As the top-tier index moved above the 6,000-point level for the first time in nearly eight weeks, Reckitt Benckiser was pushed forwards last night after the re-emergence of speculation that the Cillit Bang manufacturer could be in line for an approach.
According to the vague chatter, the consumer goods group – whose brands also include Durex and Gaviscon – could be the subject of a bid battle, with market gossips claiming both Unilever and the US giant Procter & Gamble could be interested.
With suggestions any approach would be in the region of 5,000p a share, Reckitt rose 35p to 3,488p despite traders playing down the tale and similar chitter-chatter having done the rounds before. Analysts have previously suggested the forthcoming departure of Reckitt's long-standing chief executive Bart Becht – announced in April – could increase the likelihood of its agreeing to such a move.
With the US markets closed for Independence Day, it was a quiet session for the FTSE 100 but a significant one symbolically as it finished 27.78 points higher at 6,017.54. The blue-chip index's seventh consecutive day on the rise, it has added more than 340 points over that time, and Deutsche Bank helped by changing its stance on equities to positive, saying it believed the fourth quarter would see the global economic recovery "regain traction".
The situation in Greece was not entirely being ignored, as the banks closed in the red. Lloyds Banking Group and Royal Bank of Scotland were worst hit, retreating 0.94p to 49.88p and 0.58p to 39.11p respectively after the rating agency Standard & Poor's warned that plans to roll over the country's debt would "likely amount to a default under our criteria".
Signs that a ceasefire in the Spanish price war could be around the corner saw Imperial Tobacco shift forwards 26p to 2,143p following the cigarette manufacturer's decision to cancel most of its price cuts. Morgan Stanley said the move was "a clear positive for the industry" and that Imperial "stands to benefit most from a sustained reversal", although Citigroup warned it was not certain the company's rivals would follow suit.
Hopes it would receive a better offer than the 780p approach from Melrose it rejected as "opportunistic" last week continued to help Charter, with the company climbing 12p to 828.5p as UBS raised its target price to 850p from 550p, describing the offer as "probably just a starting point".
Saying the equipment manufacturer's board "have alternative options" – including the possibility of appointing "a high-calibre, respected 'can do, will do'", chief executive – the broker claimed the acquisition history of Melrose – up 6.2p to 366.6p – showed that the buy-out company could end up offering more than 900p a pop.
Also still in the midst of a takeover saga was Rank, and the owner of Mecca Bingo eased up just 0.2p to 149.7p after telling a number of its shareholders to withdraw their support for the 150p a share approach from Guoco. Noting that this is Rank's fifth change of recommendation, Evolution's James Hollins kept his "neutral" advice on the company, saying the news "throws further confusion into the market and Guoco needs to sell its intentions to shareholders".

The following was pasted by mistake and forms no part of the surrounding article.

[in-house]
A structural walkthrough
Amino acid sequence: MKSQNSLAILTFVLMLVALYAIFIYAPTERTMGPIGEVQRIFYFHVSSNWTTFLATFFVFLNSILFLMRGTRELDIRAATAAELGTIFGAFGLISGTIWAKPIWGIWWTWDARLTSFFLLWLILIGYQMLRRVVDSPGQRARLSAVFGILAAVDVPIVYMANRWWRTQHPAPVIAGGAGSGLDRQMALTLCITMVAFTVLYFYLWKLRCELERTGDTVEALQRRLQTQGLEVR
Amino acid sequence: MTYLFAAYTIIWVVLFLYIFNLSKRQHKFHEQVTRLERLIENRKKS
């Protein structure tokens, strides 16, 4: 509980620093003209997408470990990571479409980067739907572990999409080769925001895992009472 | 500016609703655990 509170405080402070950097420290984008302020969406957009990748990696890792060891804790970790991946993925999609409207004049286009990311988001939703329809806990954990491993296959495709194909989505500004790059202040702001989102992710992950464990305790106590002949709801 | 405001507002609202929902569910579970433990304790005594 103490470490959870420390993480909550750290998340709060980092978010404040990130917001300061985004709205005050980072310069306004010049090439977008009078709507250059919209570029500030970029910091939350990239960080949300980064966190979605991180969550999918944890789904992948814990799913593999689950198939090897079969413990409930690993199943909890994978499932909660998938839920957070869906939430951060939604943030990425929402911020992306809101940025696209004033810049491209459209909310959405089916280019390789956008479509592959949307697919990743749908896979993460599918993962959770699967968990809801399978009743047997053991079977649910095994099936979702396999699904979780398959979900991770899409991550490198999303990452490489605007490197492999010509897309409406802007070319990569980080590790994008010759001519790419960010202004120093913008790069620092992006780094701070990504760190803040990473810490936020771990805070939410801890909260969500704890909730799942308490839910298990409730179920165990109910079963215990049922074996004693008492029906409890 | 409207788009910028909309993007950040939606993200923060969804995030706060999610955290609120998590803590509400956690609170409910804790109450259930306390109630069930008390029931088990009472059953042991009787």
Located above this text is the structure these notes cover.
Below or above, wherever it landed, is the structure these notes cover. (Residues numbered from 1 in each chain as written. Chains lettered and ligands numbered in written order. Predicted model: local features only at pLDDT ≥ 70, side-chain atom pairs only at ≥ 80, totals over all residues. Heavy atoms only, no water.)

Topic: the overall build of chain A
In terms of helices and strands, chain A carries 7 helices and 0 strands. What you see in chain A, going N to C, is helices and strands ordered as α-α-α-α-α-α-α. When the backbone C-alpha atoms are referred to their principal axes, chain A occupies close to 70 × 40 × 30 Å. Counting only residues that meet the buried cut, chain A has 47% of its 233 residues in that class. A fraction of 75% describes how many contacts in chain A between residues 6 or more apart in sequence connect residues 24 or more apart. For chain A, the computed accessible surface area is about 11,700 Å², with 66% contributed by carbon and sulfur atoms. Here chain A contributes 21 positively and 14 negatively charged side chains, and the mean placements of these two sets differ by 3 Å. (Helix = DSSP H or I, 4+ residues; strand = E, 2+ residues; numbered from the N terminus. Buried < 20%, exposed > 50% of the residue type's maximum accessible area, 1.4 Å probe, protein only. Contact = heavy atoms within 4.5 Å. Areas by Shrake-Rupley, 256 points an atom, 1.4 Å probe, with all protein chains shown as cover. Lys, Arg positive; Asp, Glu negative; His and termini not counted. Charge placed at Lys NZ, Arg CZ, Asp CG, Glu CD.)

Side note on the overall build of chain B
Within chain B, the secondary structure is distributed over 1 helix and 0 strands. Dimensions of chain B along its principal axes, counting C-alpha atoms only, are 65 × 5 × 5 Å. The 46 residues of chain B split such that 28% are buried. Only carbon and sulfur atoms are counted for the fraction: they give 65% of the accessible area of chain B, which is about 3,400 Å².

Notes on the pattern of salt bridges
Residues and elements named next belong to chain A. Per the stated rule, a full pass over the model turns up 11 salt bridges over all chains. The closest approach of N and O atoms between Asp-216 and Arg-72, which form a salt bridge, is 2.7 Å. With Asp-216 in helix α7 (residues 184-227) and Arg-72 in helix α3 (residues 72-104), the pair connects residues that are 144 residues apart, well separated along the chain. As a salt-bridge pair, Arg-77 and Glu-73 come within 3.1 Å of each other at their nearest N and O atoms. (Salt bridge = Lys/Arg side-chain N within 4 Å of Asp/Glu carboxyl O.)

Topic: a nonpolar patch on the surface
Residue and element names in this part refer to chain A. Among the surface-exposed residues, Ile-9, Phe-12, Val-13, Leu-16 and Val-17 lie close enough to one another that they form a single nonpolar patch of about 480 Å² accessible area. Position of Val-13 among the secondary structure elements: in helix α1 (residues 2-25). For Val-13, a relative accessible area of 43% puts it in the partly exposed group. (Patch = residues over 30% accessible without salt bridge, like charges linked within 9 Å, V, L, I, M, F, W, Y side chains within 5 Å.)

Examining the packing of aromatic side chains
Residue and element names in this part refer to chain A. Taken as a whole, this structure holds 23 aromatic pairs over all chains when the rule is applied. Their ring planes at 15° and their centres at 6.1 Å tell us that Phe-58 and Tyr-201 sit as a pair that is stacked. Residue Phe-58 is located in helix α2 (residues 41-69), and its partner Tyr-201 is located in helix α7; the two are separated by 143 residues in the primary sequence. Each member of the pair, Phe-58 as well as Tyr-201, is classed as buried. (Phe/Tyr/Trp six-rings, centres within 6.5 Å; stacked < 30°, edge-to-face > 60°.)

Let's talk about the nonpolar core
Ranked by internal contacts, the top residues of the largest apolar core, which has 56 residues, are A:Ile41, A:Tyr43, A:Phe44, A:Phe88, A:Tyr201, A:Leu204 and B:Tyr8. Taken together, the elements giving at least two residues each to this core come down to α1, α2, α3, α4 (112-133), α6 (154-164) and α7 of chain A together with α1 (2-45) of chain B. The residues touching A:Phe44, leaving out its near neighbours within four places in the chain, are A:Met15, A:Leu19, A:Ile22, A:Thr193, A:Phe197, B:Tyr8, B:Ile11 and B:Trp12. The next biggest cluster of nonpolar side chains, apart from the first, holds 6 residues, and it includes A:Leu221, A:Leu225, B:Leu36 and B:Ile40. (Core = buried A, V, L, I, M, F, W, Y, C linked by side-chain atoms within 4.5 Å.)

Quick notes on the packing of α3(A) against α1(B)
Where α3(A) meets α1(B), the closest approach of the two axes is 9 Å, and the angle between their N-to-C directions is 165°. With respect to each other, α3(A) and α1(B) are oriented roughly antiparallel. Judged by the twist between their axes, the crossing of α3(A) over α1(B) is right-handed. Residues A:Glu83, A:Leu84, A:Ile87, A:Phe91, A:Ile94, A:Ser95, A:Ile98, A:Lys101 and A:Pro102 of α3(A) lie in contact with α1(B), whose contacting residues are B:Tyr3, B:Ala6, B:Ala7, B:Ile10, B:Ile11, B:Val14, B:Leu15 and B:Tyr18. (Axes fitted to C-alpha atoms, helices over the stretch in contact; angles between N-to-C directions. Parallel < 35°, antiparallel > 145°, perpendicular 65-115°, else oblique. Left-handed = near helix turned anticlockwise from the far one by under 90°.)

Meanwhile, Croda was 72p better off at 1,985p after Citigroup said the speciality chemicals company – which has frequently been the subject of bid talk – was one of the top stocks on its M&A watch list, as was Talk Talk, down 1.1p to 144p.
A recent addition to the list has been the London Stock Exchange, and it ticked up 26p to 1,059p, still benefiting from chitter-chatter suggesting it could merge with Nasdaq following its failed attempt to acquire TMX.
Premier Foods was the mid-tier index's biggest riser by a long shot, advancing 1.63p to 18.71p – a jump of nearly 10 per cent. Last week the Mr Kipling owner plummeted more than 30 per cent in just two sessions after predicting its profits for the first-half would drop by at least a quarter, but yesterday it enjoyed a partial rebound despite Investec slashing its price target by 15p to 20p.
Chatter suggesting Dragon Oil could be in line for an approach helped the explorer power up 42.5p to 550.5p, with market gossips saying it could be in the sights of two different aggressors. Both the Emirates National Oil Company – which holds over half of Dragon Oil – and the Chinese state-owned Cnooc were rumoured to be potentially interested, with the chatter claiming a bid could be worth between 700p and 750p a share.
Psion lost over 17 per cent – moving 15.38p lower to 74.25p on the small-cap index – as the mobile computer maker warned it would see a £4m loss for the first half of the year. At the other end, Vectura increased 9.75p to 92.25p off the back of the news last week that the drugmaker's Swiss partner Novartis has received regulatory approval in Japan and the US for its new lung medicine indacaterol.